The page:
One recent little invention that could prove quite useful are those small phone sized LED lights that you can very easily carry around with you.
In the video below they cover ten ways to use those little lights to add some interest or even some control over the lighting process.
Pinnacle Studio – Time Remapping & Speed Tutorial
Back in the bad ol’ days when it came to playback speed in video editing things were a little more simple.
You either had no choice to speed up of slow down the video playback or if you had seriously fancy-schmancy software you could make it go faster or slower.
Bear in mind that when I say “faster” or “slower” I mean one preset speed up or down and that was about it. These days the ability to speed up or slow down your footage is a given and most software offers complete control over just how much you can do either.
However really good software offers even greater control by incorporating the use of key-frames so that parts of the footage can be adjusted as to speed as well as being able to incrementally add more and more speed or less and less.
This fine control over speed has given us a new term which is time remapping.
The reason for this term is that by manipulating playback speed very finely what you are doing in the eyes of the viewer is actually playing with time.
Makes sense really!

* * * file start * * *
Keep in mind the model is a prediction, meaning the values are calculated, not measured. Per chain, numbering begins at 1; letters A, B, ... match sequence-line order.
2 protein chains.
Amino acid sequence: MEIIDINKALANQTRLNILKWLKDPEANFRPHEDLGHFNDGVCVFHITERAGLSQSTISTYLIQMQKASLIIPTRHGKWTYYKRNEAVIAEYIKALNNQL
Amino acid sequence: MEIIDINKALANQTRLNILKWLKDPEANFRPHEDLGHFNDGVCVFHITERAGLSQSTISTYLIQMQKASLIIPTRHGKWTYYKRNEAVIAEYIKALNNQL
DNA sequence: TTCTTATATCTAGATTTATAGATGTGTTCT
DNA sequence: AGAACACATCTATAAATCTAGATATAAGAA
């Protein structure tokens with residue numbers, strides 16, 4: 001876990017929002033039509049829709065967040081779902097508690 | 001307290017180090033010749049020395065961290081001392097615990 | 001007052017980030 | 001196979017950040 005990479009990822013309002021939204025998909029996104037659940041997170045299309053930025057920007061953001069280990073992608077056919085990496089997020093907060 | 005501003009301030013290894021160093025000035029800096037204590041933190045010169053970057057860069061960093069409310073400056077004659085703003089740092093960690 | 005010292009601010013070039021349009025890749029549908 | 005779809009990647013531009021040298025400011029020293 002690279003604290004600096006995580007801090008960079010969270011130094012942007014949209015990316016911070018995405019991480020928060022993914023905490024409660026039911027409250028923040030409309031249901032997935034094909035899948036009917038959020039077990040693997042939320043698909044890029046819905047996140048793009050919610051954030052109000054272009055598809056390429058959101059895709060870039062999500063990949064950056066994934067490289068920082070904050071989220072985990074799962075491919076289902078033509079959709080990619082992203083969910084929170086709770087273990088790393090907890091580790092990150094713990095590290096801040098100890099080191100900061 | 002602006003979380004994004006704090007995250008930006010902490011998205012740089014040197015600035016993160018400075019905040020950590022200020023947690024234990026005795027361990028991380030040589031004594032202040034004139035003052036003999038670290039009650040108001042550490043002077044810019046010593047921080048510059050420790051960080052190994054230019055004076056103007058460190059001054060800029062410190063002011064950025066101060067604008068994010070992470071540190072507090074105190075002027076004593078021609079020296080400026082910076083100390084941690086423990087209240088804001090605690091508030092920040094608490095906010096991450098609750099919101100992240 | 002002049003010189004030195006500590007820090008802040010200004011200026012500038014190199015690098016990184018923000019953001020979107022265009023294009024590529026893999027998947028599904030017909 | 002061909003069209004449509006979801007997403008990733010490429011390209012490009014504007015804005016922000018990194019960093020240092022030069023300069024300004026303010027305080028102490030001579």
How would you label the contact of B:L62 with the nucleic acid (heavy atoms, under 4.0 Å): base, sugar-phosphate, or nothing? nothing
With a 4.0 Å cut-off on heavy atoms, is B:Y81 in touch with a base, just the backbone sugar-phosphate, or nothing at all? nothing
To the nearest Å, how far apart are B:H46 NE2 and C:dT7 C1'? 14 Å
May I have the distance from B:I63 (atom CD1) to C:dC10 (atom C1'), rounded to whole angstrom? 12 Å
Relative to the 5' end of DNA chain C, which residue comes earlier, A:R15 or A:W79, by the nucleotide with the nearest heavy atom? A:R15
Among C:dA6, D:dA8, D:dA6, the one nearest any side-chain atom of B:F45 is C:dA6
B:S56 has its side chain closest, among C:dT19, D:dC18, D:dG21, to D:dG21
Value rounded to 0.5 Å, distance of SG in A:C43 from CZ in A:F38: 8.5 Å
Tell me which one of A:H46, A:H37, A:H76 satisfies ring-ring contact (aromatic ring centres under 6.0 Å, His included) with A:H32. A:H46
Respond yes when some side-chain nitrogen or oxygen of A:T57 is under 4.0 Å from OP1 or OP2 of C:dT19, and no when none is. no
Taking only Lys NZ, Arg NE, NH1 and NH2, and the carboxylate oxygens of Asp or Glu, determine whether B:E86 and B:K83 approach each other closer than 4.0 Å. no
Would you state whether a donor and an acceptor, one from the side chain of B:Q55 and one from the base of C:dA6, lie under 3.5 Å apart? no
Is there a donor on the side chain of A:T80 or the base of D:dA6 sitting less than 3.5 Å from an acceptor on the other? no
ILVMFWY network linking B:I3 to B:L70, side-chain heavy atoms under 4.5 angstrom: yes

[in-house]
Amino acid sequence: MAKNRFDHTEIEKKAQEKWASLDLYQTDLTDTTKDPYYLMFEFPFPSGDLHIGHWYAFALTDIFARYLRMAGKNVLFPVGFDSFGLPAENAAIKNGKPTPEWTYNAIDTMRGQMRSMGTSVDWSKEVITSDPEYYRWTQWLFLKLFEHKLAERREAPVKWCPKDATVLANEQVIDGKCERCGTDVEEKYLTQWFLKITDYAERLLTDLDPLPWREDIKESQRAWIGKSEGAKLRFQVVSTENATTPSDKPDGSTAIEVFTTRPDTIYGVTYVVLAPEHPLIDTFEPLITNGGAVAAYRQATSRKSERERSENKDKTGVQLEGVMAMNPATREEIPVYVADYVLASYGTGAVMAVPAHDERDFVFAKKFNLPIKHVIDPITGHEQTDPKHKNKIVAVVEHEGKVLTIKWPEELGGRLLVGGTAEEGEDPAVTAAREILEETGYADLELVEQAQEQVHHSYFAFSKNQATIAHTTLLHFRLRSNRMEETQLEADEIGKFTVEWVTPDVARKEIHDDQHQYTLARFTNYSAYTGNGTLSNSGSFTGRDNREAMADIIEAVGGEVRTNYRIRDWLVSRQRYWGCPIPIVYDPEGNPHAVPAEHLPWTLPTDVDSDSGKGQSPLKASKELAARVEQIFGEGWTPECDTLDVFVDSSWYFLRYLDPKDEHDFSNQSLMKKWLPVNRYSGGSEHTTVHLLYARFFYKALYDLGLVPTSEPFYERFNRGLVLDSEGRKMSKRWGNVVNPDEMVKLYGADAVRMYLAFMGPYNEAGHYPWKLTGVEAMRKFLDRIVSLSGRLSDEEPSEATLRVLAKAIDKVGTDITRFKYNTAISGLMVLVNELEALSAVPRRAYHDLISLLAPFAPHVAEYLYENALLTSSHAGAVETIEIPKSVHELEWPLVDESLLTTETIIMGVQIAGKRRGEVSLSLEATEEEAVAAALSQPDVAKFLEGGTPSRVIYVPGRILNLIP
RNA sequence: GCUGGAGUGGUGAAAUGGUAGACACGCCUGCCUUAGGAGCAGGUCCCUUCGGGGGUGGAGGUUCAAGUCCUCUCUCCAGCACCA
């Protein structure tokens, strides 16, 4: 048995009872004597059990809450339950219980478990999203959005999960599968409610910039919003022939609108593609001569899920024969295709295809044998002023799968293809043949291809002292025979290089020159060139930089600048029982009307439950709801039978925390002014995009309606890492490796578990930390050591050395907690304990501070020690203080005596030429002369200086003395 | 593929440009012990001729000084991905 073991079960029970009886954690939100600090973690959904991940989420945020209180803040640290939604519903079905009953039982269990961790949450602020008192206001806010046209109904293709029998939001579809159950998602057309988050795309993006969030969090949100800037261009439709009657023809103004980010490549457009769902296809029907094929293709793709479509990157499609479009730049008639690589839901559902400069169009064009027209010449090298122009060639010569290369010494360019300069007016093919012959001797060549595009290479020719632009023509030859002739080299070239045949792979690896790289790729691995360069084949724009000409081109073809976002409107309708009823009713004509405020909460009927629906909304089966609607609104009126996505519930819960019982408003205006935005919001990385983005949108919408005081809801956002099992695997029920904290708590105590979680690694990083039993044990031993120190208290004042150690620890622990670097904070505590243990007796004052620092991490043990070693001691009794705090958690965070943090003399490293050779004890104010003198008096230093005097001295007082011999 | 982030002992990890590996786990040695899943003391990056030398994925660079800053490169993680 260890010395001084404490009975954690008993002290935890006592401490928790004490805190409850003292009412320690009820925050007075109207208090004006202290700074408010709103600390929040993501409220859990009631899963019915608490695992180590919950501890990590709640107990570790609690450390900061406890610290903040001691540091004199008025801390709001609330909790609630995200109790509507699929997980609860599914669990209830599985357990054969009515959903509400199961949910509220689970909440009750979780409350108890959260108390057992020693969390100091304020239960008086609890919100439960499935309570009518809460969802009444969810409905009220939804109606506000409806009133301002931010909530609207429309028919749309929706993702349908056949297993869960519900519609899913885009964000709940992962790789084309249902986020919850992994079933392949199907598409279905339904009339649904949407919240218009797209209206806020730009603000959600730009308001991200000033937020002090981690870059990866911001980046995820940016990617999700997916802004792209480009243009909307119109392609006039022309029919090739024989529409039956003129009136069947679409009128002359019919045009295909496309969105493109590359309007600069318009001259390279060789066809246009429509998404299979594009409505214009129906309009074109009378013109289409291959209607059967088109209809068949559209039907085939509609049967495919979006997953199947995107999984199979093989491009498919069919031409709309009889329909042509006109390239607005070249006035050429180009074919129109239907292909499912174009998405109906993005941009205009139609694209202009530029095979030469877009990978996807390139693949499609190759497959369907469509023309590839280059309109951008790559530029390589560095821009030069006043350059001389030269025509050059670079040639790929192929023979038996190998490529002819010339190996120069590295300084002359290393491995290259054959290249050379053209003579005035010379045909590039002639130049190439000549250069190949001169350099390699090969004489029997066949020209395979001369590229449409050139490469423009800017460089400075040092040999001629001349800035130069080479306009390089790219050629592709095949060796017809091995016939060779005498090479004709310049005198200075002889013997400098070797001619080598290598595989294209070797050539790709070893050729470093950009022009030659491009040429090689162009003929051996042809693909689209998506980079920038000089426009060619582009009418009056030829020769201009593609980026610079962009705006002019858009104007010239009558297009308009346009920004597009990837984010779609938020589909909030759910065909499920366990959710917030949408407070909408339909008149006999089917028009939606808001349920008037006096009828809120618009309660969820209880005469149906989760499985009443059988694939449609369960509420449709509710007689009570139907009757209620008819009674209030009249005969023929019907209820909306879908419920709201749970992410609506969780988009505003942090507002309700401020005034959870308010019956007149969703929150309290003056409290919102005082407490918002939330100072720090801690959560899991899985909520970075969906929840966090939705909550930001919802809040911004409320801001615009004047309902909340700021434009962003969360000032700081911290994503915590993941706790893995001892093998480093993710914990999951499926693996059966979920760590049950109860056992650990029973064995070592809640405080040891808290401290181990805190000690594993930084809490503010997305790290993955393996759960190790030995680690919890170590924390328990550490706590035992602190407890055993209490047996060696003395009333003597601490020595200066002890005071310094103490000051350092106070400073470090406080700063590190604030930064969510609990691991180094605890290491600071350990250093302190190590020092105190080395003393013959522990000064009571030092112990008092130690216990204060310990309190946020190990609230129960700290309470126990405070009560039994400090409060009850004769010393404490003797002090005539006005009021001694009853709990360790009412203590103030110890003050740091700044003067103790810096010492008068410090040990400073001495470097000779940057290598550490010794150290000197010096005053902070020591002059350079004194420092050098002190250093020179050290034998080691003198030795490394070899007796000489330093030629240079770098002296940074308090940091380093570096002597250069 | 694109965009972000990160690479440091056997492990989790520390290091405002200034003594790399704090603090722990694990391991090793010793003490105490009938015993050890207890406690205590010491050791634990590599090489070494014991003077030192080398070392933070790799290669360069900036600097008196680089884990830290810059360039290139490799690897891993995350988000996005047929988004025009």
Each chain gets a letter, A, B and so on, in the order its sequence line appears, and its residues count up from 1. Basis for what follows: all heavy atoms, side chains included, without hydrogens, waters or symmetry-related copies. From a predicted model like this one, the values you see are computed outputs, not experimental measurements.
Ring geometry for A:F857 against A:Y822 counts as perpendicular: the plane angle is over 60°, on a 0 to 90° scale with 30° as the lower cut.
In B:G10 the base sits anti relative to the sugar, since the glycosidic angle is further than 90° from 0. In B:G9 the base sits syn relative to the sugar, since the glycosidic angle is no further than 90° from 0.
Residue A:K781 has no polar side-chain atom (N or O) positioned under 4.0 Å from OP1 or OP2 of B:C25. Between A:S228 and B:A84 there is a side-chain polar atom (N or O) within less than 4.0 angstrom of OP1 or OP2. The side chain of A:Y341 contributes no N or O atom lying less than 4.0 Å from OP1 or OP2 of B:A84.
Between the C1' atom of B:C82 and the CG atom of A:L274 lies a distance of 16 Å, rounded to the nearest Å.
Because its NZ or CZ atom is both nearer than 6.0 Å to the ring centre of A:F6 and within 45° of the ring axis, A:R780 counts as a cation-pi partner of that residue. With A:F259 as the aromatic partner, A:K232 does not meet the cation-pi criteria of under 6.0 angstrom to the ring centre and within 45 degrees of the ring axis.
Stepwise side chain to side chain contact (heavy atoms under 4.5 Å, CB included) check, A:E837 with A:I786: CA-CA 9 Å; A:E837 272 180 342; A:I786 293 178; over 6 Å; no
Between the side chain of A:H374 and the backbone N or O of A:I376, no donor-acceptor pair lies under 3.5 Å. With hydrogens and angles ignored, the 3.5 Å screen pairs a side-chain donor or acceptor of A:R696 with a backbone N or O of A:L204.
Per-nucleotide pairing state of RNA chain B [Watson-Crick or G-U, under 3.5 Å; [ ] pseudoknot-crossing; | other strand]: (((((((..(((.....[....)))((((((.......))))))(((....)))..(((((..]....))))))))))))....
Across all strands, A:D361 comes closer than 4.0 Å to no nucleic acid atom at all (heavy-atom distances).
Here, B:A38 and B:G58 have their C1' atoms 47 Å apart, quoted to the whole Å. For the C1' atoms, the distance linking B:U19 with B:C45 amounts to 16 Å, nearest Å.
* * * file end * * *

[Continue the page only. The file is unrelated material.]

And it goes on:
Now as is usually the case in editing it is not all beer and skittles when it comes to dramatically adjusting the playback speed of sections of your video projects.
This is especially true when it comes to slow motion.
Although the marketing blurb joyfully announces that you can slow you footage way down for maximum effect, what it fails to inform you of is that there is only so far you can go with it.
In fact there is a direct relationship between how much you can slow down a clip based on the project settings you have and most importantly, the frame rate at which you shot the video in the first place.
That is the whole reason why action cams like the GoPro can shoot at up to 120 frames per second.
Shooting at that frame rate it allows the user to then slow down the footage a great deal and still not lose quality.
If you tried the same thing with video shot at normal frame rates you would lose quality very quickly when you start to slow things down.
So for a complete explanation check the video below and as usual just because the demonstration is in pinnacle Studio doesn’t mean it does not apply to any other software out there.
How to Make a Sam Kolder Zoom Transition
Admittedly I have been on a bit of a roll recently venting my distaste for using prepackaged transitions that come with every video editing software program.
Fortunately there have been a few tutorials appearing of late showing just how to transition like a pro and to see them just scan back through some of the recent posts in the blog section of this site.
So this week for a change I will spare everyone the rant and just cut to the meat and potatoes.
The video below shows you how to create a very simple transition that is very, very effective if used properly.
Just bear in mind that the fact that you now know HOW to create a particular transition doesn’t mean you should do it!